To confirm further that Pelo is indeed required intrinsically for controlling GSC self-renewal and that the pelo mutation is responsible for the GSC loss phenotype, a UASp-pelo transgene was expressed specifically in the germ cells using a germ cell-specific GAL4 driver, nos-gal4VP16, in pelo mutant ovaries. A UASp-pelo construct was made to be expressed in germline or soma using different GAL4 drivers; nosgal4-VP16 can drive a UAS transgene to be expressed in both GSCs and later germ cell cysts. Interestingly, introduction of one copy of UASp-pelo transgene alone into the pelo homozygous females was able to partially rescue the GSC loss phenotype, suggesting that there is a leaky expression of the transgene even without a GAL4 driver. The stem cell loss phenotype in pelo mutant ovaries was fully rescued by nosgal4VP16-driven pelo expression in the germline, including GSCs, restoring the normal GSC number. This result shows that the mutation in pelo is responsible for the GSC loss phenotype, and further confirms that pelo is required intrinsically for controlling GSC self-renewal (Xi, 2005).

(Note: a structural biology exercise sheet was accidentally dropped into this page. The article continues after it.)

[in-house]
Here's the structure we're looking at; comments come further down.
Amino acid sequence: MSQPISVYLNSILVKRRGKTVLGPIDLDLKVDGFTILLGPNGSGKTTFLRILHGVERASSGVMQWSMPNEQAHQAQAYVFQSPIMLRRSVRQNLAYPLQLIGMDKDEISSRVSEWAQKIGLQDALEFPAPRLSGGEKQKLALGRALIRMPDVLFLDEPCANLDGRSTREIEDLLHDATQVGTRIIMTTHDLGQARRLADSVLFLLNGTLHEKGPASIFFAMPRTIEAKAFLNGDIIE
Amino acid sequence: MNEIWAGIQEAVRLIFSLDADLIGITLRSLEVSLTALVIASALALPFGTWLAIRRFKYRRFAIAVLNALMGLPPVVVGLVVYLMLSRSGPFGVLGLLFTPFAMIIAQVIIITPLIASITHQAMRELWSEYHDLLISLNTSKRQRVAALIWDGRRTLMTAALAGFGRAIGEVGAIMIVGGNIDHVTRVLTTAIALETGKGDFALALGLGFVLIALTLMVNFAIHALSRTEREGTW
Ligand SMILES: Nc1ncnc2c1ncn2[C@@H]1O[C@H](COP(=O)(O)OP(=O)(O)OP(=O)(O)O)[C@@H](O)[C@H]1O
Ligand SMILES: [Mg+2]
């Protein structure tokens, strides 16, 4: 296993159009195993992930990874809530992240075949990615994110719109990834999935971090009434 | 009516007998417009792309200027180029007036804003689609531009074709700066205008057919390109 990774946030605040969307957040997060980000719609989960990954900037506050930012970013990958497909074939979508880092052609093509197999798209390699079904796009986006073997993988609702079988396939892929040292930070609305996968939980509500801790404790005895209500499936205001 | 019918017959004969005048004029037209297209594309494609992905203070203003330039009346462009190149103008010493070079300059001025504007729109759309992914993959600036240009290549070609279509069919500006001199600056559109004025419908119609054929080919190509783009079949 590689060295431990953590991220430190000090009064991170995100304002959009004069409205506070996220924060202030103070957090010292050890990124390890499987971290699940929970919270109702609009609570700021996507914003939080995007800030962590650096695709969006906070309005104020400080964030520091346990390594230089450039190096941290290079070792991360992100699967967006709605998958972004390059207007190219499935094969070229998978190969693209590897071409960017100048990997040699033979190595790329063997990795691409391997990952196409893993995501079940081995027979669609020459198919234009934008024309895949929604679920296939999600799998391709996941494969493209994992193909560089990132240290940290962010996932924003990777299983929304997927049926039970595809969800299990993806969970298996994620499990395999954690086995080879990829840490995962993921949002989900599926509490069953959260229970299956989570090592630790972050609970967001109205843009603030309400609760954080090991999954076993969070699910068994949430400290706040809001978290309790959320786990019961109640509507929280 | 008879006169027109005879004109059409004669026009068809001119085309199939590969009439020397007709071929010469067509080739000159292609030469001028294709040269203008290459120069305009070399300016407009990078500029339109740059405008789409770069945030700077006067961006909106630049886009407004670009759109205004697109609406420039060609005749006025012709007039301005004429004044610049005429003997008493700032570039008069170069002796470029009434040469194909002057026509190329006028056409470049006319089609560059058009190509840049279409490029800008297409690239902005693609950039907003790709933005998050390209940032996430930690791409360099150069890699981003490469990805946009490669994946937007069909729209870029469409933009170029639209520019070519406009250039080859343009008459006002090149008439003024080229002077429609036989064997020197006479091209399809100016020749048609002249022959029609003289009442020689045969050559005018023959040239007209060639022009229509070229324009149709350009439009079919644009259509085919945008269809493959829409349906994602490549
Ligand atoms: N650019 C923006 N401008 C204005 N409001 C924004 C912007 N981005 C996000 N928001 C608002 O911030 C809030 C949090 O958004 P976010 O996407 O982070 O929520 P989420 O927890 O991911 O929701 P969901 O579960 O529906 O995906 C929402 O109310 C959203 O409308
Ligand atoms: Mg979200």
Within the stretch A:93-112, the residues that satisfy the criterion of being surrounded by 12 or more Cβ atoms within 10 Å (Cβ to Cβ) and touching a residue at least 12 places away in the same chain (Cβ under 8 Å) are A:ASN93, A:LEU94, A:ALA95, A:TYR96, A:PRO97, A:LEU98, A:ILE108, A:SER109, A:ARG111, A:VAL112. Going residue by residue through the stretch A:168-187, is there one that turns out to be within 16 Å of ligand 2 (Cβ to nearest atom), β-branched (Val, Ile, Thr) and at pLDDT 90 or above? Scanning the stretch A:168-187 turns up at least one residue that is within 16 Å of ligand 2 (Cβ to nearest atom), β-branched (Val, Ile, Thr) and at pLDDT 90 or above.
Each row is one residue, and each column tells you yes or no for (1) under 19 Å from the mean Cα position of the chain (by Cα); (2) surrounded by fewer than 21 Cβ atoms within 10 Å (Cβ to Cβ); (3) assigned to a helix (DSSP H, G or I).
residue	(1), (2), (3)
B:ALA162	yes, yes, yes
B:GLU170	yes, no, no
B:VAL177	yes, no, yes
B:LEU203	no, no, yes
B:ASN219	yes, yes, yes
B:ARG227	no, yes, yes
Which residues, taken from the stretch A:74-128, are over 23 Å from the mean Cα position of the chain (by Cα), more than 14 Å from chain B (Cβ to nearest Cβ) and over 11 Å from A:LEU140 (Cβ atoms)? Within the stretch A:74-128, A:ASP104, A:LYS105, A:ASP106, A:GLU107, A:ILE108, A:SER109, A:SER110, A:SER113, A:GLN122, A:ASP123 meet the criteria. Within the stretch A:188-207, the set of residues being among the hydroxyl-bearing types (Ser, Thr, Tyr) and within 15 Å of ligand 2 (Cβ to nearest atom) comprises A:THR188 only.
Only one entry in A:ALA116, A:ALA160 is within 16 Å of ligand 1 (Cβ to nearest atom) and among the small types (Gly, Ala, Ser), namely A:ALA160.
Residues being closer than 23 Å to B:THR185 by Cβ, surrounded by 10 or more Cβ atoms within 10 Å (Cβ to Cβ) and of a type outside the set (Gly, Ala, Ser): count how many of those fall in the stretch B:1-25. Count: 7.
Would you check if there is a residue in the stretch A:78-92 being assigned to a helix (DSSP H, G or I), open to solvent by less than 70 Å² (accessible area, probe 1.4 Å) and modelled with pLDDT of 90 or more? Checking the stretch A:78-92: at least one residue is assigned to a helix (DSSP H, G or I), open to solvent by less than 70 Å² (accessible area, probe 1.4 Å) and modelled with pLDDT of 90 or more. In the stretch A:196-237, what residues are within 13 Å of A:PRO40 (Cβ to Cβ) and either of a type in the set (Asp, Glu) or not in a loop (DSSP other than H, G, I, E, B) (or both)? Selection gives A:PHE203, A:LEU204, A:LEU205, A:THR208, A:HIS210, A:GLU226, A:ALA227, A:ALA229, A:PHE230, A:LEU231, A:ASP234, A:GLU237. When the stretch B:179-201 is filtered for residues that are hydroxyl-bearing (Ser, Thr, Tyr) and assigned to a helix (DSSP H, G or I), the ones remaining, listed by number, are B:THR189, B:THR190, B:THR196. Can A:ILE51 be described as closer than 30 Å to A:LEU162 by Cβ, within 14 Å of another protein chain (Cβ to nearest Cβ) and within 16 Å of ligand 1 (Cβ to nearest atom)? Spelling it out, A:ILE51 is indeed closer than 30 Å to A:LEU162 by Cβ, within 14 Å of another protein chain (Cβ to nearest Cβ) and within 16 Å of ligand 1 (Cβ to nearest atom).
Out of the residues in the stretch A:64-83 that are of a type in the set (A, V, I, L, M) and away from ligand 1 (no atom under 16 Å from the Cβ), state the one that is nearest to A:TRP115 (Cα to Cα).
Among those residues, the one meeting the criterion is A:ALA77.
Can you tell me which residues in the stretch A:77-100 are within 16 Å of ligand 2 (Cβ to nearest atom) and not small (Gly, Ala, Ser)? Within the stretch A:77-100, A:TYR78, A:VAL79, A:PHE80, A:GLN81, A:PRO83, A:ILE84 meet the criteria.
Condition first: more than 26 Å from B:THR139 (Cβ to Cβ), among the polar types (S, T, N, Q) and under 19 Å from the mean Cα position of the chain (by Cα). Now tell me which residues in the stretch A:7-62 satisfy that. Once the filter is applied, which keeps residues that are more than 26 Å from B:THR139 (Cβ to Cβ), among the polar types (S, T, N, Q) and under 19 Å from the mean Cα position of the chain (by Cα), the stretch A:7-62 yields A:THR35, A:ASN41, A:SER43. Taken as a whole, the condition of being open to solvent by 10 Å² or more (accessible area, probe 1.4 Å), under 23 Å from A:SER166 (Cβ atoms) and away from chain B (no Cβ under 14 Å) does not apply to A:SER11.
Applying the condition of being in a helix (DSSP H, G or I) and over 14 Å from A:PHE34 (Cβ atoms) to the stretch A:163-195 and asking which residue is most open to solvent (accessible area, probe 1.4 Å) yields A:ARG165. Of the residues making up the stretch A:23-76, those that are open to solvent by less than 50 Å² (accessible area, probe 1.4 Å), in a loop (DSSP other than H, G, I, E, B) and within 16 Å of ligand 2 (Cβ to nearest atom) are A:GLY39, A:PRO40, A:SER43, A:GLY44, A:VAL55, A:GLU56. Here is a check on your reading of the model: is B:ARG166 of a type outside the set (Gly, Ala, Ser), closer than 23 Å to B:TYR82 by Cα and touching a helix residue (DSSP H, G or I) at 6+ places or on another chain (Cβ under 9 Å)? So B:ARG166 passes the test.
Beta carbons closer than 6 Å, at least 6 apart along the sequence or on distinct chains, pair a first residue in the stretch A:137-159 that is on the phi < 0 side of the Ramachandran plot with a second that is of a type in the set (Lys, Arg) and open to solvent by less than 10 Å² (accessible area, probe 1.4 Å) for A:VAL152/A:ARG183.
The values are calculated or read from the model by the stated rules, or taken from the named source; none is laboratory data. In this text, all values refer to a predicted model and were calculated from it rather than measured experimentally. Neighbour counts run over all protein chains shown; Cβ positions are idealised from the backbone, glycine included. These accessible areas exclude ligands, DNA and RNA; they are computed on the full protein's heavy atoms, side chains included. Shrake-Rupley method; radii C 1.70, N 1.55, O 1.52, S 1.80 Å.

Although pelo is required intrinsically for controlling GSC self-renewal, it does not rule out the possibility that a somatic function of pelo is also involved in regulating GSC self-renewal since it is also expressed in the somatic cells of the germarium. Initially, whether the pelo mutation affects the survival of cap cells was examined. A hh-lacZ enhancer trap line used in this study has been used to label terminal filament cells and cap cells in the Drosophila ovary. In the pelo homozygous germaria carrying one or no GSCs, the cap cell number appeared to be normal, ranging from five to seven, indicating that Pelo function is at least not required for the formation or survival of cap cells. However, pelo could still be required in the surrounding somatic cells for controlling GSC function through regulating production of signals. To further test whether pelo has a somatic function in GSC regulation, the c587-gal4 driver, which is expressed in IGS cells and follicle progenitor cells, and the same UASp-pelo transgene were used to test whether somatic expression pelo can rescue the pelo mutant GSC loss phenotype. However, c587-driven pelo expression in the somatic cells could only confer very limited rescue of the pelo mutant GSC loss phenotype, in addition to the partial rescue conferred by the UAS-pelo transgene alone, suggesting that pelo has little role in IGS cells and follicle cell progenitors for GSC self-renewal. It has not been tested whether pelo expression in terminal filaments/cap cells can mitigate the GSC loss phenotype of the pelo mutant ovaries; the results can not completely rule out the possibility that Pelo has a function in somatic cells for controlling GSC self-renewal (Xi, 2005).